The next part of this lab was to observe the hay infusion culture made at the end of Lab 1. The top of the infusion had a thin white layer of mold, and the liquid had a horrible smell. The leaves and small sticks had settled near the bottom of the infusion, and the dirt was at the very bottom of the jar. My lab partners and I found two organisms from two different niches in the hay infusion, and then characterized the organisms in these niches. The first niche was by some plant matter. One organism observed in this niche was a chlamydomonas, which was around 5um. The organism was slightly green, which was not surprising since it was near the plant matter. Another organism that was observed in this niche was an euglena. Slightly bigger than the chlamydomonas, it was about 30um. Since both of these organisms were so tiny, it was difficult to see all of their characteristics under the microscope, so there are pictures from Ward's Free-Living Protozoa manual. The picture below is of the chlamydomonas, and a picture of the euglena is shown above.

Chlamydomas lab2.jpg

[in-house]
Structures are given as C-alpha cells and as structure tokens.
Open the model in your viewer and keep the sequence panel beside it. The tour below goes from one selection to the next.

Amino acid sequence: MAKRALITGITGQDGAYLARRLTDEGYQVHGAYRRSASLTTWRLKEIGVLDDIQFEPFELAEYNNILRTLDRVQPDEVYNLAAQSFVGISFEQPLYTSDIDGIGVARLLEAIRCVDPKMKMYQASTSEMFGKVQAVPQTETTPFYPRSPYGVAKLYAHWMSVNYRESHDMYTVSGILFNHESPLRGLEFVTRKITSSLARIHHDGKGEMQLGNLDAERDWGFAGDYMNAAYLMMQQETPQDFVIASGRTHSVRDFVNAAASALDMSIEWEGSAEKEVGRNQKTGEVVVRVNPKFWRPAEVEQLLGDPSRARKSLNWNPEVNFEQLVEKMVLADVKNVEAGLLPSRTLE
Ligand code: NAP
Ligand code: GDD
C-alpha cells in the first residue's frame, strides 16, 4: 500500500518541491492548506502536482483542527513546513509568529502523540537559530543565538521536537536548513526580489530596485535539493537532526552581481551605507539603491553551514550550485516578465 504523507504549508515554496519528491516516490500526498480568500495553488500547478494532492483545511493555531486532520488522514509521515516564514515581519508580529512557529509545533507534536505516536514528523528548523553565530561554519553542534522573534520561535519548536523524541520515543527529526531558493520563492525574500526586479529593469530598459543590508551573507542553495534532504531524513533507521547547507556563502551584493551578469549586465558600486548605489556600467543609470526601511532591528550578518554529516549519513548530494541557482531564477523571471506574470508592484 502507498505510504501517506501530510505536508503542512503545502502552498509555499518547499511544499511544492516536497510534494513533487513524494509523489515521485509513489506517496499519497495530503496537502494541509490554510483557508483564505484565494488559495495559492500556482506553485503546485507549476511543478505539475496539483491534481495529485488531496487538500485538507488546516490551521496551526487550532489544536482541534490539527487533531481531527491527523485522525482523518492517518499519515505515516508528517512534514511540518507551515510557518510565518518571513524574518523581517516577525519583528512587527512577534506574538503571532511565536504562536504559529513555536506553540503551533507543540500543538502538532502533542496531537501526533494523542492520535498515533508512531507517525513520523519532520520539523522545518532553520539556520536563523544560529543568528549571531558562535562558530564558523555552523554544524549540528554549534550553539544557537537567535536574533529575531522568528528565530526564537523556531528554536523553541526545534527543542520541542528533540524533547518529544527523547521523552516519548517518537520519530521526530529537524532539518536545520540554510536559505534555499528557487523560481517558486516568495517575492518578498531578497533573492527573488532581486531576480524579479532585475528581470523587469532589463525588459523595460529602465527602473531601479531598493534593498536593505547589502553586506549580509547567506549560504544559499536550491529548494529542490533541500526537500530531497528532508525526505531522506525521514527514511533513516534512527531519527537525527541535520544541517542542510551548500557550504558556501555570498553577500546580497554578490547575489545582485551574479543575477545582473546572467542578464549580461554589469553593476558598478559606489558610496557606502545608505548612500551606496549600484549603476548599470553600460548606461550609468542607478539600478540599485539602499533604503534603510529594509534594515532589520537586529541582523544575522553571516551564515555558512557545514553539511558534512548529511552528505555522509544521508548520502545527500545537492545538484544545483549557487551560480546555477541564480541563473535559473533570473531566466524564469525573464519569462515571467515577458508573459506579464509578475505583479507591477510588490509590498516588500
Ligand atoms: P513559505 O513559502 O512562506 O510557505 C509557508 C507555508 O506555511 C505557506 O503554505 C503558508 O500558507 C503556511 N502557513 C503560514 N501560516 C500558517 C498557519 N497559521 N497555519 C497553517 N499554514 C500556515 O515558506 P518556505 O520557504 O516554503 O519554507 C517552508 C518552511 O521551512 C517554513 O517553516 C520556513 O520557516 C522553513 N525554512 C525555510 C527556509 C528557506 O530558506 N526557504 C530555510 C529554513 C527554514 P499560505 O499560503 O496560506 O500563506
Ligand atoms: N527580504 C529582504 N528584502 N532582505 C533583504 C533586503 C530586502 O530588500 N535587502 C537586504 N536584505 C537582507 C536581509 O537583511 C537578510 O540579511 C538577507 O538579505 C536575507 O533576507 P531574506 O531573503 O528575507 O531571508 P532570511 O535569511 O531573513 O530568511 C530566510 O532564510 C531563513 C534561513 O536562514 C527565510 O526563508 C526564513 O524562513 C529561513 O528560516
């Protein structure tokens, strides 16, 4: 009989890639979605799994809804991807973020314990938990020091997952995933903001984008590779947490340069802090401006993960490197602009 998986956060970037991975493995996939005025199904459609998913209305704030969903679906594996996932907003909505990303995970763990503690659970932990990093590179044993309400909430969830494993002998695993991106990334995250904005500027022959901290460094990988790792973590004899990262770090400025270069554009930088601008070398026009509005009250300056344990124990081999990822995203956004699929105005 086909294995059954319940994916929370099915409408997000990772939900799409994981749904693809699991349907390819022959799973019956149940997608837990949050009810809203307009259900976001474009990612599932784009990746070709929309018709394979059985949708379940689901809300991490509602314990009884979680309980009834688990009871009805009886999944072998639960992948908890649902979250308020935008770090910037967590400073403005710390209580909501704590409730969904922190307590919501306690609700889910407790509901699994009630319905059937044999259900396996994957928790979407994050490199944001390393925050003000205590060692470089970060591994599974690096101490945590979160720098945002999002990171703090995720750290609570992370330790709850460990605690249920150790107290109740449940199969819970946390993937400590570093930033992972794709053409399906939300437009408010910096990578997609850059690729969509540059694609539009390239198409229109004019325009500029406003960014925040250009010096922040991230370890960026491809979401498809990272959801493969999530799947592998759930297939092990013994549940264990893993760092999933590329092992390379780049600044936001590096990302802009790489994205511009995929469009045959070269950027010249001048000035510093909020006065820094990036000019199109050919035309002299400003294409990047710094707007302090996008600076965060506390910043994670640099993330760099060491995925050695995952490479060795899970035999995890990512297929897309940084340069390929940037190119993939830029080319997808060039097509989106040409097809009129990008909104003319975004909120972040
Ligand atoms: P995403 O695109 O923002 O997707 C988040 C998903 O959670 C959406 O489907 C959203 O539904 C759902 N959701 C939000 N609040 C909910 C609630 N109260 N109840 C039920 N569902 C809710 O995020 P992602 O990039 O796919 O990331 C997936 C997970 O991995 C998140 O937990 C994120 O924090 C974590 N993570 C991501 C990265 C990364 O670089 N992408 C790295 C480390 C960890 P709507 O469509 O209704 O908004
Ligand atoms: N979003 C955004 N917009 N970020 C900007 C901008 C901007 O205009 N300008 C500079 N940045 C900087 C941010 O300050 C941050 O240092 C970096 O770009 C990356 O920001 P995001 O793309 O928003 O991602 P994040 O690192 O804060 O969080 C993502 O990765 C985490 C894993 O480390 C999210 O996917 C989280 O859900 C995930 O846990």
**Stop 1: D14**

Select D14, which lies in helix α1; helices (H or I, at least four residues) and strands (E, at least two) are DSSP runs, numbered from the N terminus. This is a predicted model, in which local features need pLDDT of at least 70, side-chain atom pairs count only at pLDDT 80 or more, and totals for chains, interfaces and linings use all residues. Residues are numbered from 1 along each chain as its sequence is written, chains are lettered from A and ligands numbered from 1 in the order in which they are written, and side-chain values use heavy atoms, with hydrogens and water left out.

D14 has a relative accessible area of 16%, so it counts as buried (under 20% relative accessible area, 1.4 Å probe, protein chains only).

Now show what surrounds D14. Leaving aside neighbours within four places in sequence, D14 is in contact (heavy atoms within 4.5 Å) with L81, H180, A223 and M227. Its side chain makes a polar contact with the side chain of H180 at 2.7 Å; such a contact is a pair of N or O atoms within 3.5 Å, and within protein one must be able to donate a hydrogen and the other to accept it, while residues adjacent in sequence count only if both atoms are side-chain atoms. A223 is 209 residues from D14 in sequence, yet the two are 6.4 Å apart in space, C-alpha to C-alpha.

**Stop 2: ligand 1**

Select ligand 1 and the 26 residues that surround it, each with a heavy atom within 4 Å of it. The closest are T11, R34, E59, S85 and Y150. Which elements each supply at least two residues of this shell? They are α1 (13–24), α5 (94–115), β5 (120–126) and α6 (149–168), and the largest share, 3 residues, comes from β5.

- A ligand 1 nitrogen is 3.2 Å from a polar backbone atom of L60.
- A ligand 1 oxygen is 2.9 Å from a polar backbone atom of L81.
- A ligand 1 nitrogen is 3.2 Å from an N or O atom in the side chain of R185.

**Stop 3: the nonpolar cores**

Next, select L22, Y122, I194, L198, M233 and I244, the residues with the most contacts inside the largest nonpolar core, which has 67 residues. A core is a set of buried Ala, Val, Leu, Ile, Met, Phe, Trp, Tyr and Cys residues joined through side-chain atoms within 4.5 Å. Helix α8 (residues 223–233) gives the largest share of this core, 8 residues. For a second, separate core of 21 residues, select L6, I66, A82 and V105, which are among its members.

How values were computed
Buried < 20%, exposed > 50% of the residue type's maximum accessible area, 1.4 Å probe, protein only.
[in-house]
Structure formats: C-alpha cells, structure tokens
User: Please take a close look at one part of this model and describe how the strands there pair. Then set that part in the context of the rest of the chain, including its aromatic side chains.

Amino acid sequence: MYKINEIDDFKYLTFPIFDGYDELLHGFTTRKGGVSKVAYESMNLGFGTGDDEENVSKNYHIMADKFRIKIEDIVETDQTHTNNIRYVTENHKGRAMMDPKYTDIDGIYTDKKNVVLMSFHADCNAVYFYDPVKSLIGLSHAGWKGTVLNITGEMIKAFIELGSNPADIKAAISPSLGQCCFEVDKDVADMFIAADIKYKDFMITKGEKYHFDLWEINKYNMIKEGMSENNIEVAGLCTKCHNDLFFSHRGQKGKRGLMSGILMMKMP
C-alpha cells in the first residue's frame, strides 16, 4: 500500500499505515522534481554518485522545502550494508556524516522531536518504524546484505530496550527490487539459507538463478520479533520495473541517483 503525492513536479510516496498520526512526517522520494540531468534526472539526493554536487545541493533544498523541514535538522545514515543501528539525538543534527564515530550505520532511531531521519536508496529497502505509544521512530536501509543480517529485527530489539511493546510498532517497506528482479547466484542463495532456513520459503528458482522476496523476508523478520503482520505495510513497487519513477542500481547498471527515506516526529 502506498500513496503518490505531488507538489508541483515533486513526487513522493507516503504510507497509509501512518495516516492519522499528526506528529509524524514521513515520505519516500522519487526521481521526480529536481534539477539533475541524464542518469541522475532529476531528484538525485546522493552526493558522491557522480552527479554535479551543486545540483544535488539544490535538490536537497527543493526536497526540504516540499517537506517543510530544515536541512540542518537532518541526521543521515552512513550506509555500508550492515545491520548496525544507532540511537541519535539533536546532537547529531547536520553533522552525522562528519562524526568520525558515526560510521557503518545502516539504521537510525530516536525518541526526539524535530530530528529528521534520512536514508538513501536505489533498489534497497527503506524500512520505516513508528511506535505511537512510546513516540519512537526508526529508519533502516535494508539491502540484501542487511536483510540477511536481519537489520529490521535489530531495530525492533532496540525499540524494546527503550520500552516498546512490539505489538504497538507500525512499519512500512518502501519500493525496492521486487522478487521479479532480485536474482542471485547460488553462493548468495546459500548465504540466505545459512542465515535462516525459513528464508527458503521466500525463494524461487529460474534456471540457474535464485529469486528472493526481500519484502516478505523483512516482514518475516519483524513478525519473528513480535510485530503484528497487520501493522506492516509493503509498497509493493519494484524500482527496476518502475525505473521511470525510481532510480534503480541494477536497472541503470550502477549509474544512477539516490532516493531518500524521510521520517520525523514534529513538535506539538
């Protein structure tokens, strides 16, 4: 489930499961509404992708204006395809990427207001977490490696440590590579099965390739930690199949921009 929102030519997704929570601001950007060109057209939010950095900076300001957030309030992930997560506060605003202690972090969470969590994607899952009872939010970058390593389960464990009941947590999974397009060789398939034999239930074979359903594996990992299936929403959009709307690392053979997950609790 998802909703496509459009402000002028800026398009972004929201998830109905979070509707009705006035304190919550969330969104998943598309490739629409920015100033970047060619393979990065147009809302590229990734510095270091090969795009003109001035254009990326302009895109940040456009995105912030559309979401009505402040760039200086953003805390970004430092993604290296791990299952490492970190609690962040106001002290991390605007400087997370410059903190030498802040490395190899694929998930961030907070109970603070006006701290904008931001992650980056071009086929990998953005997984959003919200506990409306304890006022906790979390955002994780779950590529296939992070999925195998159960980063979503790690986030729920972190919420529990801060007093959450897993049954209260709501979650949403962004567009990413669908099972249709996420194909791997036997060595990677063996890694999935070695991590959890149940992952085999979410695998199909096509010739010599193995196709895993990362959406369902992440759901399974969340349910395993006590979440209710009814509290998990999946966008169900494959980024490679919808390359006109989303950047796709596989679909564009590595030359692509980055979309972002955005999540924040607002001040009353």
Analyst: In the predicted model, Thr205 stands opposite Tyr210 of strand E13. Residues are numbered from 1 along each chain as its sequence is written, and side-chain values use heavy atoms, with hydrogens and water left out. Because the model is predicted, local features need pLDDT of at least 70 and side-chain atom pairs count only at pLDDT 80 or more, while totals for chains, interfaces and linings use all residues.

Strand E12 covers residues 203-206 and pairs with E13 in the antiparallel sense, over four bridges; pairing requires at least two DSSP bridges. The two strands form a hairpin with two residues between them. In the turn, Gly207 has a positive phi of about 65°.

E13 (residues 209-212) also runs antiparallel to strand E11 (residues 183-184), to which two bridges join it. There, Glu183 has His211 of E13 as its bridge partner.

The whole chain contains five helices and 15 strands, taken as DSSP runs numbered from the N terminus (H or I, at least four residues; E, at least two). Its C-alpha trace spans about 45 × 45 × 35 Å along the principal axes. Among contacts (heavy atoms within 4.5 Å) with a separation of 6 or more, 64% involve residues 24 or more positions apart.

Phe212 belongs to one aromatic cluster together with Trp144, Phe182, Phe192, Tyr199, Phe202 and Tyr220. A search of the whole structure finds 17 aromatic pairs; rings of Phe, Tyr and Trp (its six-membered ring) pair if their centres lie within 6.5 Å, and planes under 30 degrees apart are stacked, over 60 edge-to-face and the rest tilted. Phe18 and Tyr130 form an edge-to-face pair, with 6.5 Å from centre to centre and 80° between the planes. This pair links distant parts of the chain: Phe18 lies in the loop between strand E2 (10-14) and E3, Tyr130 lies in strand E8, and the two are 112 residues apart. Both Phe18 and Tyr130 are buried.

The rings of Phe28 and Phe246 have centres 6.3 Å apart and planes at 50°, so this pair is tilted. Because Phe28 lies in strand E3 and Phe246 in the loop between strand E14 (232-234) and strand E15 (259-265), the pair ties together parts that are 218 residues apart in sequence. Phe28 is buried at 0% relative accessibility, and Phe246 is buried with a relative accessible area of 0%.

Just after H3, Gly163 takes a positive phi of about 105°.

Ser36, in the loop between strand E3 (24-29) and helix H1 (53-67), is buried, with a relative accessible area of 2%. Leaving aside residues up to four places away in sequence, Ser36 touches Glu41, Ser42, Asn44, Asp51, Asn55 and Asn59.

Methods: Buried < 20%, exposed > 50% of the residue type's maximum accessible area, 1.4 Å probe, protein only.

The next niche that was observed was near the dirt at the bottom of the infusion. Another chlamydomonas was found in this niche as well, along with a paramecium. The chlamydomonas in this niche was particularly active, and its movement resembled that of a centipede's. It seemed to inch along very slowly, but it was definitely moving. This chlamydomonas was also similar in size to the chlamydomonas found in the plant material niche. The paramecium was scooting around through the infusion pretty quickly, which made it hard to see its features in detail. There are pictures of both the paramecium and chlamydomonas in this lab entry. The paramecium is a good example of an organism that meets all of the criteria for being alive. It reproduces through asexual reproduction; it uses its many cilia to capture prey; there are many species of paramecium, which shows how it has adapted to different environments; it has a nucleus and other organelles; finally, it can adjust to environmental conditions by moving from one niche to another depending on environmental stimuli.